I would recommend Mayordomo in Oaxaca City. They’re one of the biggest chocolate brands and it’s for a good reason. You know your in the best place if they mix it individually for you in a terracotta jug table-side…




Yet another Oaxaca one – can you tell it’s the culinary capital of Mexico?!

A milkshake-like drink made from maize and cocoa which dates back to pre-Hispanic times. You can buy it in most markets and it’ll usually be served in a little bowl with a spoon. Don’t let the weird frothy appearance put you off – it’s meant to look like that. It’s very filling so useful for vegetarians who can’t find anything else to eat and need a quick energy boost!




Tequila’s big brother.

While tequila can only be made from blue agave, mezcal can be distilled from any type of the agave plant meaning there are 100s of varieties. The colour can vary from clear to amber depending on how it is aged, and the alcohol percentage can fluctuate wildly given the mostly unregulated small-batch production style. Most taste distinctly smokey but it can also be very smooth and easy to drink.

Traditionally it is consumed straight, like a good whisky, however it’s getting more and more common for trendy bars to create mezcal cocktails.

Many people will tell you that it’s only mezcal if there’s a worm in the bottle – this is false! The story goes that many years ago the worm was put in mezcal to distinguish it from the “purer” tequila (before labelling and mass production). However to every barman’s knowledge (and I asked a lot!) this isn’t done as regular practice anymore and if you do see bottles containing worms, it’s usually a tactic to sell it to tourists.




Specific to the central regions of Mexico. This one definitely falls under the “bad” and “ugly” categories but is still worth a try! You’re not likely to find anything quite like this elsewhere in the world.

Pulque is a fermented alcoholic drink made from agave, similar to mezcal and tequila, but which has been produced for over 1000 years. It is the colour of milk and has a bizarre viscous texture. The smell is the most off-putting thing – a strong fermented, rotten egg scent.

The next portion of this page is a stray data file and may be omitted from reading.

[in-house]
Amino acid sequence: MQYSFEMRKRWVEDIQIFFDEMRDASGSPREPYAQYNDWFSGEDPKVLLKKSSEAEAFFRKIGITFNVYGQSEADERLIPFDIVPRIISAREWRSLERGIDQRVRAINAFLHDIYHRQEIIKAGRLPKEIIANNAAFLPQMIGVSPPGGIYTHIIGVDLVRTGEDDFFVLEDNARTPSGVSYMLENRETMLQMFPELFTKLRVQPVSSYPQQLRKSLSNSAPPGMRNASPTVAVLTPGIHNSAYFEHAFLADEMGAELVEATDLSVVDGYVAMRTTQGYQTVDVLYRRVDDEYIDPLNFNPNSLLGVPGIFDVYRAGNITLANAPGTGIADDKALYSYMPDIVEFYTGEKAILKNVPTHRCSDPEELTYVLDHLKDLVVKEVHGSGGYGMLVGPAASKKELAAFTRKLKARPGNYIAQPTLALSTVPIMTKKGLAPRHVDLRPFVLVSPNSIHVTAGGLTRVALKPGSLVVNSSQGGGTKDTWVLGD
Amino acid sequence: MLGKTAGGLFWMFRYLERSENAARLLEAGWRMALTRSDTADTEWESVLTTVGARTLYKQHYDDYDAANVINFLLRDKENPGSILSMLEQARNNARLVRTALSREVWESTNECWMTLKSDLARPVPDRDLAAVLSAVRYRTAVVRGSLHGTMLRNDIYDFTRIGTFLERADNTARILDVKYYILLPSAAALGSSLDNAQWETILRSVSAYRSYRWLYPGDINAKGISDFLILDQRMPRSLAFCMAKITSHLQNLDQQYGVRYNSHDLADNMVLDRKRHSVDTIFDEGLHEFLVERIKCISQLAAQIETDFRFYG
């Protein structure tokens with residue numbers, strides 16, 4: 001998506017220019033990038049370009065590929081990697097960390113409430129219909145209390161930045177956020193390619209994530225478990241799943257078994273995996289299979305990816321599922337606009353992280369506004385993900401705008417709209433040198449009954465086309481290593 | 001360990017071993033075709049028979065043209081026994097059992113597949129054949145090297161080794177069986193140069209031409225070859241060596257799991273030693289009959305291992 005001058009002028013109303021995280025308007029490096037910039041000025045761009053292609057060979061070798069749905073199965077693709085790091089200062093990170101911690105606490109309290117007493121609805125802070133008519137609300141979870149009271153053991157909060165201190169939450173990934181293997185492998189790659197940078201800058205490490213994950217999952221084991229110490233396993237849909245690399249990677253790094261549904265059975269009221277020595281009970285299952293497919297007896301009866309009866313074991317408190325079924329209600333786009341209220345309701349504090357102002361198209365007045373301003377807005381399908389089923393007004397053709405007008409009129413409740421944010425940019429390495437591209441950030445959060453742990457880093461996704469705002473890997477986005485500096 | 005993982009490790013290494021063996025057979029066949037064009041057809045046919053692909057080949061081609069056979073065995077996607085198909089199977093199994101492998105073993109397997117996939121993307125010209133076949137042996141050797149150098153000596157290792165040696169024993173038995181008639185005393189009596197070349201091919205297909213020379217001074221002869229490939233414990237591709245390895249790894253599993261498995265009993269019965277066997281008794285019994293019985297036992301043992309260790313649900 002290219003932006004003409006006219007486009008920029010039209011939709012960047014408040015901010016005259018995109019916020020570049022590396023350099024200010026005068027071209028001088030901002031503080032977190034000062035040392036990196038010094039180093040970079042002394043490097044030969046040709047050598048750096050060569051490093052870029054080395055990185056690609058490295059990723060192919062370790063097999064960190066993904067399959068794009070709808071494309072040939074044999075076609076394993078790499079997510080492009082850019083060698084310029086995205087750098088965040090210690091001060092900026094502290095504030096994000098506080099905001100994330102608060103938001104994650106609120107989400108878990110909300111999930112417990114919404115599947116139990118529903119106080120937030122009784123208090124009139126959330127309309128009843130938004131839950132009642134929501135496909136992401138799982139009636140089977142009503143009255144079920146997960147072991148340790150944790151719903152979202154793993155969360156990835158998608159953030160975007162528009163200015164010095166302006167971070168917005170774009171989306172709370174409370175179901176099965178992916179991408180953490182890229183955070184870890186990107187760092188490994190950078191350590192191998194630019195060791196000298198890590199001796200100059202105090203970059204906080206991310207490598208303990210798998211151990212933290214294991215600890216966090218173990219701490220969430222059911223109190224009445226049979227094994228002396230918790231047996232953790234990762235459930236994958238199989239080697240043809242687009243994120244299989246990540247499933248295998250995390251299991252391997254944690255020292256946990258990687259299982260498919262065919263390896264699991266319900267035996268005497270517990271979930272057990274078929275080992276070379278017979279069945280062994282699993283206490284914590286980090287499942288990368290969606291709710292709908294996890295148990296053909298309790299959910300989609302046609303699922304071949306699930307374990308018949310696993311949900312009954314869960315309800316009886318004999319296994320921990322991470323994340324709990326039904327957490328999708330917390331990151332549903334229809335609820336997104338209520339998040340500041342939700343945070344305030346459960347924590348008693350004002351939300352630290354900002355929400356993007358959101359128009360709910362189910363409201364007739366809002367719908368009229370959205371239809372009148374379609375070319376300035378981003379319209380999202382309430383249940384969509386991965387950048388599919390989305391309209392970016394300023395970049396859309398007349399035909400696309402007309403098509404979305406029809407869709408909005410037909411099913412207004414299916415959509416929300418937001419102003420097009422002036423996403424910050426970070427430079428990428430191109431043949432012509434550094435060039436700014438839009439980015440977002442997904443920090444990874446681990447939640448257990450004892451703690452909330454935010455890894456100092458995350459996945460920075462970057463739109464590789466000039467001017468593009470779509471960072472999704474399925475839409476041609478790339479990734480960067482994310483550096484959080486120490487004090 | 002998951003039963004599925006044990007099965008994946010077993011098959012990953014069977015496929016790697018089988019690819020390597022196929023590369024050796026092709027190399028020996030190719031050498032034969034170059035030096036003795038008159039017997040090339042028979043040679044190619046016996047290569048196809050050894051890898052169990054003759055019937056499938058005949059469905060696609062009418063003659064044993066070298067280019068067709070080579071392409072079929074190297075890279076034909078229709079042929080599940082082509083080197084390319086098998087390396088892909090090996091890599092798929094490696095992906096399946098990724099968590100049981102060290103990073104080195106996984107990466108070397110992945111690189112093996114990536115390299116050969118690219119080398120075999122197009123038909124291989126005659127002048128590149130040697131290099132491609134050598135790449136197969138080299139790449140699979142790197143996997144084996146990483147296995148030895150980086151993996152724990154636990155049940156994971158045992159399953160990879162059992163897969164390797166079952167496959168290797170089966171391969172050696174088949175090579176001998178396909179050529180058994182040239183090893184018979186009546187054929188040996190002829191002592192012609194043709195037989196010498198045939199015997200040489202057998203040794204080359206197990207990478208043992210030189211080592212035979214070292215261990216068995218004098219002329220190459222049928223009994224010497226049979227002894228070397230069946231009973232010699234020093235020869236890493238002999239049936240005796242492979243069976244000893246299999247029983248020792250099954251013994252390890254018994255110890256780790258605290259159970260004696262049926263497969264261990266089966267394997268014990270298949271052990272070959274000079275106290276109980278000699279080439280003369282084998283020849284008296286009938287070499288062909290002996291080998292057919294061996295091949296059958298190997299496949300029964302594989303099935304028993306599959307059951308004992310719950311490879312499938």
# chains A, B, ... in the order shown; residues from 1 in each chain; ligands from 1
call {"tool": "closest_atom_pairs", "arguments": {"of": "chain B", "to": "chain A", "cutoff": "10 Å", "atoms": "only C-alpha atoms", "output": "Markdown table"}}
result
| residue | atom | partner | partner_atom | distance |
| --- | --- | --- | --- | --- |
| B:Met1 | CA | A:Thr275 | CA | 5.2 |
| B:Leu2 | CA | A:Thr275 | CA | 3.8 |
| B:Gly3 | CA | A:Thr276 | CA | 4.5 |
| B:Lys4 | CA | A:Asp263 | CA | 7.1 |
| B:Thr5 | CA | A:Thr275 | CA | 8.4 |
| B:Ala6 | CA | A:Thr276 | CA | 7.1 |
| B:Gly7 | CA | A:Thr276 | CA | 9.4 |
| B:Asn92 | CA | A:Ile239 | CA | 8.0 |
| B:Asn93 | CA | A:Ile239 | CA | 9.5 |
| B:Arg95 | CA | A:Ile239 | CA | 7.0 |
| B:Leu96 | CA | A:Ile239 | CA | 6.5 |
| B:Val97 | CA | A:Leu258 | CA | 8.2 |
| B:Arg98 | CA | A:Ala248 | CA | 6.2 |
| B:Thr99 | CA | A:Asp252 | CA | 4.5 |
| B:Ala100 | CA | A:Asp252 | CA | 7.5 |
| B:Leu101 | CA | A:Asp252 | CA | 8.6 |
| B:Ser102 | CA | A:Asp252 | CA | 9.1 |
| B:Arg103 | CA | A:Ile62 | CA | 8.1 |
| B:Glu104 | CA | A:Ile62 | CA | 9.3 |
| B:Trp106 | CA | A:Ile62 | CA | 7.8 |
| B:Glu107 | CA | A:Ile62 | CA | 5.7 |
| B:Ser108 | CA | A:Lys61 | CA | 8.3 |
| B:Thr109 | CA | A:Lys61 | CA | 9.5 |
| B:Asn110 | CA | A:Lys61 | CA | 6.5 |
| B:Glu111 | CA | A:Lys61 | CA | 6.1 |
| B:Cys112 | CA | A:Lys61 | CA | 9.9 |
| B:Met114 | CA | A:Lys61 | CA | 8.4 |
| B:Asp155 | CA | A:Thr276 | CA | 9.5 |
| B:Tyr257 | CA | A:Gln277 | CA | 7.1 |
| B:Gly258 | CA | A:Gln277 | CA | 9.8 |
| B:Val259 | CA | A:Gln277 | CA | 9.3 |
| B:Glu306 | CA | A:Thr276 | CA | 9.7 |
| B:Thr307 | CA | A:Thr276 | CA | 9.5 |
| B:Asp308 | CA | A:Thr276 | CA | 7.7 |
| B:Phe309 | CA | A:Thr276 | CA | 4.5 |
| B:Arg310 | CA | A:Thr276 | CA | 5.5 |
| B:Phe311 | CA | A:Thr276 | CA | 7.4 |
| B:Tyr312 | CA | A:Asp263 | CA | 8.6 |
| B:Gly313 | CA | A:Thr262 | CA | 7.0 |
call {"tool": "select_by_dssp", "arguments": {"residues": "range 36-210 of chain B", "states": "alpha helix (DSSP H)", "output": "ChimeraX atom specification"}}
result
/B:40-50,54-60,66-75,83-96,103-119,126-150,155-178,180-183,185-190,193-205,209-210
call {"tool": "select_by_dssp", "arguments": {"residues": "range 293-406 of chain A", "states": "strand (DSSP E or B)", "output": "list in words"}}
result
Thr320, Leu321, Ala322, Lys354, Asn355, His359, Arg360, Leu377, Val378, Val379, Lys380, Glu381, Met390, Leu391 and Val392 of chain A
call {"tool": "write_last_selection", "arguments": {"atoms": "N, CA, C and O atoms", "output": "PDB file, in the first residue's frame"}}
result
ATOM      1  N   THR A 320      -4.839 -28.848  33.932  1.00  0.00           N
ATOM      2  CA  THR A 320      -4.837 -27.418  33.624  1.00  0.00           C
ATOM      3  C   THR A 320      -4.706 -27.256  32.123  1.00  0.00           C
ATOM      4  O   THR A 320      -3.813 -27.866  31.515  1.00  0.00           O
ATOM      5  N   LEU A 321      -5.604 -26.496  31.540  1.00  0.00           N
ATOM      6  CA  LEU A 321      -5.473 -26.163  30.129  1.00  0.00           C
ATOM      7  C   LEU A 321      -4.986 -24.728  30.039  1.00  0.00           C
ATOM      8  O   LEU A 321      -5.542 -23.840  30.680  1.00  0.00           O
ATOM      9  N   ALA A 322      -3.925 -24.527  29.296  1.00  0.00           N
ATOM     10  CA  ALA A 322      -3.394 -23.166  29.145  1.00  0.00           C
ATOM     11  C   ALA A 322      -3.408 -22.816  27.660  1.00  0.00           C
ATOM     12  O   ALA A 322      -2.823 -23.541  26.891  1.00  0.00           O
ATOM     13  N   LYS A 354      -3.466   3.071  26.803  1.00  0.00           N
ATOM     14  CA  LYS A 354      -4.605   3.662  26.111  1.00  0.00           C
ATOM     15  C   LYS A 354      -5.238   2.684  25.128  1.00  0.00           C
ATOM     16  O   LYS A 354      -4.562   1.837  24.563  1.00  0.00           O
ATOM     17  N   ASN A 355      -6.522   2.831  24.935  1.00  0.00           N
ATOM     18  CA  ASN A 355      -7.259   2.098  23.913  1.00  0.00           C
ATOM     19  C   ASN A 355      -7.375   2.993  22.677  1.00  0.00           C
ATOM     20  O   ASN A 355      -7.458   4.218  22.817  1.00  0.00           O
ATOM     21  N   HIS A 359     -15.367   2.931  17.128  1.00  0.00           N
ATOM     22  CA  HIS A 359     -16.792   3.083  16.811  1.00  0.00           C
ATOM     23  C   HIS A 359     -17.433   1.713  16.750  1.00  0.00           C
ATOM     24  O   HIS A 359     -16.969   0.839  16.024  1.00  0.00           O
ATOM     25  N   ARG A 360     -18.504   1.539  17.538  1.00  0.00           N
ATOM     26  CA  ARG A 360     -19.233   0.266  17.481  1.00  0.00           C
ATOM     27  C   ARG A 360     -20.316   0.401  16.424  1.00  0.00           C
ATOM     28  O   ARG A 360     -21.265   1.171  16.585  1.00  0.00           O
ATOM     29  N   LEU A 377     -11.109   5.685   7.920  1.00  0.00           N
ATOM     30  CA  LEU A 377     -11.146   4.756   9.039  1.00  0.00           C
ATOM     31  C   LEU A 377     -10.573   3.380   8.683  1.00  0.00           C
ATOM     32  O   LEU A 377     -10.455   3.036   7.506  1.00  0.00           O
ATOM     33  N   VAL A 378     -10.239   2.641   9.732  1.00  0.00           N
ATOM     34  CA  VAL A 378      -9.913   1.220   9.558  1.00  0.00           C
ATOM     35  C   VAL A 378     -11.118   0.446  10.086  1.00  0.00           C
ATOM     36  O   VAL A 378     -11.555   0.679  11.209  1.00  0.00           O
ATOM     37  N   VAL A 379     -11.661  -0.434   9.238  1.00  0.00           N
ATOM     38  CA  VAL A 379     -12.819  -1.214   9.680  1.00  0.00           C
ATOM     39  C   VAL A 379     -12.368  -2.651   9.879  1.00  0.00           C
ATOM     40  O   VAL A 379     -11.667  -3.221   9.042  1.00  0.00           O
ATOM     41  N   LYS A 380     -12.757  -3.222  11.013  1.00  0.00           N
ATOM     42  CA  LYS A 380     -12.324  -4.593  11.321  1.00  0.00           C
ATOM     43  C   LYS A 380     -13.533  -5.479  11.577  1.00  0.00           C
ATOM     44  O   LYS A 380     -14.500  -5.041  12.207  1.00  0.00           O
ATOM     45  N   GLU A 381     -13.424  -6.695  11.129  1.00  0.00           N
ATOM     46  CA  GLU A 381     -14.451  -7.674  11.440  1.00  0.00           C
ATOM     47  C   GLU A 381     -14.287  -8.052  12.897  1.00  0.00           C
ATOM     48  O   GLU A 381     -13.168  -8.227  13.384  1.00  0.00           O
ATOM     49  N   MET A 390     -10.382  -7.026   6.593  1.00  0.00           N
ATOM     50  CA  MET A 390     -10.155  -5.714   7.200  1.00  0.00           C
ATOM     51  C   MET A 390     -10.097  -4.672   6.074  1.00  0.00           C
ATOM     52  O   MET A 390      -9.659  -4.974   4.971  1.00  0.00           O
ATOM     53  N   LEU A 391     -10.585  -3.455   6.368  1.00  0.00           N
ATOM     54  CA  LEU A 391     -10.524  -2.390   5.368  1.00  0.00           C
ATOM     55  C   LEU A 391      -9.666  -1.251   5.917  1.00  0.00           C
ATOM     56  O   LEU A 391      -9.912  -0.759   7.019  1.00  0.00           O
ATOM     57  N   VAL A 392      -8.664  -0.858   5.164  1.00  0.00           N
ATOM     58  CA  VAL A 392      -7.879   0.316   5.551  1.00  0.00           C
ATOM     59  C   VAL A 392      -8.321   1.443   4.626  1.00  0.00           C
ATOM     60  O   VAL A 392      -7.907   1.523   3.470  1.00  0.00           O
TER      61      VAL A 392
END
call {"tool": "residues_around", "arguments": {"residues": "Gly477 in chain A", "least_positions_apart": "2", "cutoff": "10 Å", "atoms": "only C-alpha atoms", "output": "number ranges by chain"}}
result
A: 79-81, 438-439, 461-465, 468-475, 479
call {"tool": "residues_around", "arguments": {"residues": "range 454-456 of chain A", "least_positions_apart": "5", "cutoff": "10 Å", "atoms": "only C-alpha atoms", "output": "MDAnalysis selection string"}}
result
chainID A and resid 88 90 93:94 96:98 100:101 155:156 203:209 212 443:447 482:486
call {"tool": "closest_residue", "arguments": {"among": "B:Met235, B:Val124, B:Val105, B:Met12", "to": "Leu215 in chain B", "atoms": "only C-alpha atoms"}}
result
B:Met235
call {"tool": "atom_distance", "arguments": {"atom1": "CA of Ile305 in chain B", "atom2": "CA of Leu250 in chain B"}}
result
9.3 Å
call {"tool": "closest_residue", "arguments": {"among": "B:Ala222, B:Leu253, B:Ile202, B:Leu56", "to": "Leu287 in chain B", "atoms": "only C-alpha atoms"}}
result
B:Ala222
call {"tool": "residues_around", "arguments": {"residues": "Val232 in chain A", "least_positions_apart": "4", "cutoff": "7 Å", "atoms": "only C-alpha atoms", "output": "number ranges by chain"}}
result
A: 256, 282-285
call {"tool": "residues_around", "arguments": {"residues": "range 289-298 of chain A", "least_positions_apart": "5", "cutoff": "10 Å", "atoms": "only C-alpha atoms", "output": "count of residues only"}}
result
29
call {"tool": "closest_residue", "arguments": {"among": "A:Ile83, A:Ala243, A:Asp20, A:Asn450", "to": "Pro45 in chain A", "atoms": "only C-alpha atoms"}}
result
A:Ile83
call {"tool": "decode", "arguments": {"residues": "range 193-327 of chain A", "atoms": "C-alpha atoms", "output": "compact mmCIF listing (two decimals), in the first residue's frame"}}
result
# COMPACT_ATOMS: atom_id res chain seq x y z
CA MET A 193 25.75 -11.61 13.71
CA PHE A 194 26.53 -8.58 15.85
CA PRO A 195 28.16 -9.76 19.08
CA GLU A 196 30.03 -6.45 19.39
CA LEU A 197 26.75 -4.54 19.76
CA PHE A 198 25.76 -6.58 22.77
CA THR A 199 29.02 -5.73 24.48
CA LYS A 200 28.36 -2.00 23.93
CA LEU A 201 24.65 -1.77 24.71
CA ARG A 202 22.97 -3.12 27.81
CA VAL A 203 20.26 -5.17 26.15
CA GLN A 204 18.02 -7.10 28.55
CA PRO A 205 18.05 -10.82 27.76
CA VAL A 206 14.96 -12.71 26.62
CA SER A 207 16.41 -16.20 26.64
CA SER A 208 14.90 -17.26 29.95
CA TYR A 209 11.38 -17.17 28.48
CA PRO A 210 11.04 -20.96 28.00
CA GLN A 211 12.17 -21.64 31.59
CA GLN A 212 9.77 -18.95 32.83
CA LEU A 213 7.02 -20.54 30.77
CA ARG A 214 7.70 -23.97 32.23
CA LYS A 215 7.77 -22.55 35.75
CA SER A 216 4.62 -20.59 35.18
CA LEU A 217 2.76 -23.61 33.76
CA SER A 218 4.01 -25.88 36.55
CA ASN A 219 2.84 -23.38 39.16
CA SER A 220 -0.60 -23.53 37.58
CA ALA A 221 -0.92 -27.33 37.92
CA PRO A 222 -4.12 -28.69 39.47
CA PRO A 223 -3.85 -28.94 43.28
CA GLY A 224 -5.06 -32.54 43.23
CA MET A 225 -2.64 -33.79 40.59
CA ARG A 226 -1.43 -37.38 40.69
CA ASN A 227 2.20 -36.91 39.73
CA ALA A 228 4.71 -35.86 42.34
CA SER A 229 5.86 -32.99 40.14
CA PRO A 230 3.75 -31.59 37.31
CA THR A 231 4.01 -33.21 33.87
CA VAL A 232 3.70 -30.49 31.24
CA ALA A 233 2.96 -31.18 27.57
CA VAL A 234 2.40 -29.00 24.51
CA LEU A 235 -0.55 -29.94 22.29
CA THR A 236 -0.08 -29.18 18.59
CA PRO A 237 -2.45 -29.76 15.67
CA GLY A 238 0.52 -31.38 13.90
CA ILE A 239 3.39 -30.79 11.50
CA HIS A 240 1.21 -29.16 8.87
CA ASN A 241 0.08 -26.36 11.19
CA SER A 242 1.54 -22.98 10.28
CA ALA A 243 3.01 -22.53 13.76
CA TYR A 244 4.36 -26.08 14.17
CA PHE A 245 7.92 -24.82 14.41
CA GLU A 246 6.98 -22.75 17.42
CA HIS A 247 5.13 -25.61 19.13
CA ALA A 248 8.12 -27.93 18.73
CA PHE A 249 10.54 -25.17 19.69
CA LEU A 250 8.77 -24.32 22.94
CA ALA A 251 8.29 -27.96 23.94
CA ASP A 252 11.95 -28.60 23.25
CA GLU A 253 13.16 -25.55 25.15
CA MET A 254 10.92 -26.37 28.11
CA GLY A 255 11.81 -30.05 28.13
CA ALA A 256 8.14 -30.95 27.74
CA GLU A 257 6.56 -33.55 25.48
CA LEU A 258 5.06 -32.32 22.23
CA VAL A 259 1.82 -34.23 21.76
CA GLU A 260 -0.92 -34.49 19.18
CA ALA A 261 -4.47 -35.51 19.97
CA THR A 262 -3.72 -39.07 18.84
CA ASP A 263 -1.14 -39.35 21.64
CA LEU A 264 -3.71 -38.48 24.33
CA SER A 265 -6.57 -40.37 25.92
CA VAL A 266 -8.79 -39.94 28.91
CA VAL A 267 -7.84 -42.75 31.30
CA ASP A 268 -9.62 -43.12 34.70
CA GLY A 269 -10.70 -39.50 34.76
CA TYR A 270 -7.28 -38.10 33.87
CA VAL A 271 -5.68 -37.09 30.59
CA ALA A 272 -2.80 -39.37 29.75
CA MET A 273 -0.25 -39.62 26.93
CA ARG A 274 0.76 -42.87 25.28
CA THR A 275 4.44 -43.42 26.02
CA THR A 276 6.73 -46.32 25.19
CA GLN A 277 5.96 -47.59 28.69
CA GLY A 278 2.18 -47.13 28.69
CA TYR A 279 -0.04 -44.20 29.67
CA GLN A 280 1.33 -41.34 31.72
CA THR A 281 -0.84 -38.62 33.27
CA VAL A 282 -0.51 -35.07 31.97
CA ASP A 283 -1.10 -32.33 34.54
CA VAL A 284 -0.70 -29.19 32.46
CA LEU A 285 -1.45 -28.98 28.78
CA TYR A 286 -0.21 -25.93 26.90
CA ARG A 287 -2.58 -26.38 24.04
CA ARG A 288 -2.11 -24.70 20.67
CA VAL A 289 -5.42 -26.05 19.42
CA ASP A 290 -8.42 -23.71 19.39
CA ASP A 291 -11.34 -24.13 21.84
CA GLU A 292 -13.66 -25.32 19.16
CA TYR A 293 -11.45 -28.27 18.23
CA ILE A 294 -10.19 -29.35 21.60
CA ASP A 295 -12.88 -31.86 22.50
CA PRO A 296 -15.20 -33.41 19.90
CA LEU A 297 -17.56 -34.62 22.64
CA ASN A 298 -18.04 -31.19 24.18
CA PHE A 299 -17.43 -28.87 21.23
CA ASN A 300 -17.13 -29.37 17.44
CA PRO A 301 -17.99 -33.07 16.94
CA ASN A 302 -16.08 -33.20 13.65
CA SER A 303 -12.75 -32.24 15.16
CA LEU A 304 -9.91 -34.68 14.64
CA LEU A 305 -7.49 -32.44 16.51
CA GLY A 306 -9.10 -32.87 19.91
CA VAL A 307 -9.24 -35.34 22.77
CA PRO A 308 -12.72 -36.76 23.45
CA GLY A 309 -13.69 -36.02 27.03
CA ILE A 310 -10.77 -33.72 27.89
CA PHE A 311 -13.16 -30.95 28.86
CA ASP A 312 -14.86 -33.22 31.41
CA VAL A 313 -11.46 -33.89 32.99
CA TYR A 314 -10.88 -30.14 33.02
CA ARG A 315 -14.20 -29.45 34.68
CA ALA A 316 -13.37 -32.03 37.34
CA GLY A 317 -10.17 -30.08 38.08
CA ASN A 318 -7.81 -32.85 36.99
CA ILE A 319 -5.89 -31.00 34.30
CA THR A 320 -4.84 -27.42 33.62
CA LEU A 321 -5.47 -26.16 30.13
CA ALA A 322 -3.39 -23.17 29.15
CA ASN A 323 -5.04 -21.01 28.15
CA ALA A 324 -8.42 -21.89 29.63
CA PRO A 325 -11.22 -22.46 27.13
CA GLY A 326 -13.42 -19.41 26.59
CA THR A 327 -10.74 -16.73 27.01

If you can get past the smell and the texture, the actual taste isn’t too bad. There is a slight sourness similar to a strong cider but you certainly don’t want one of these on a hot day!

You can only find pulque in specific “pulquerias” – brightly coloured working class bars in the towns which produce it. We visited one in Mexico City on a Friday night, it was packed, sweaty and the pulque was served out of plastic buckets. Bizarre, but one of the most culturally unique experiences we had.




It’s not possible to talk about Mexican food & drink without mentioning the one-and-only Coca-Cola. The hold that the brand has over Mexico is unreal – you see it EVERYWHERE. Coca-Cola logos are plastered over every market and billboard. In most shops and restaurants it’s actually cheaper to buy Coke than water.

With diabetes now the leading cause of death in Mexico and obesity figures on the rise – currently 64.4% of Mexicans are overweight; 28.1% are clinically obese – it’s no stretch of the imagination to think that Coca-Cola is a major contributing factor to both of these issues. But that’s another discussion entirely…

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(Apologies for the poor photo quality in this post – most were quick iPhone snaps taken before Martin devoured whatever was in front of him!)

One Comment

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  1. You have confirmed everything I thought about Mexican food and drink. Thanks x

    Regards, Allan Lewis +44(0)7740 823219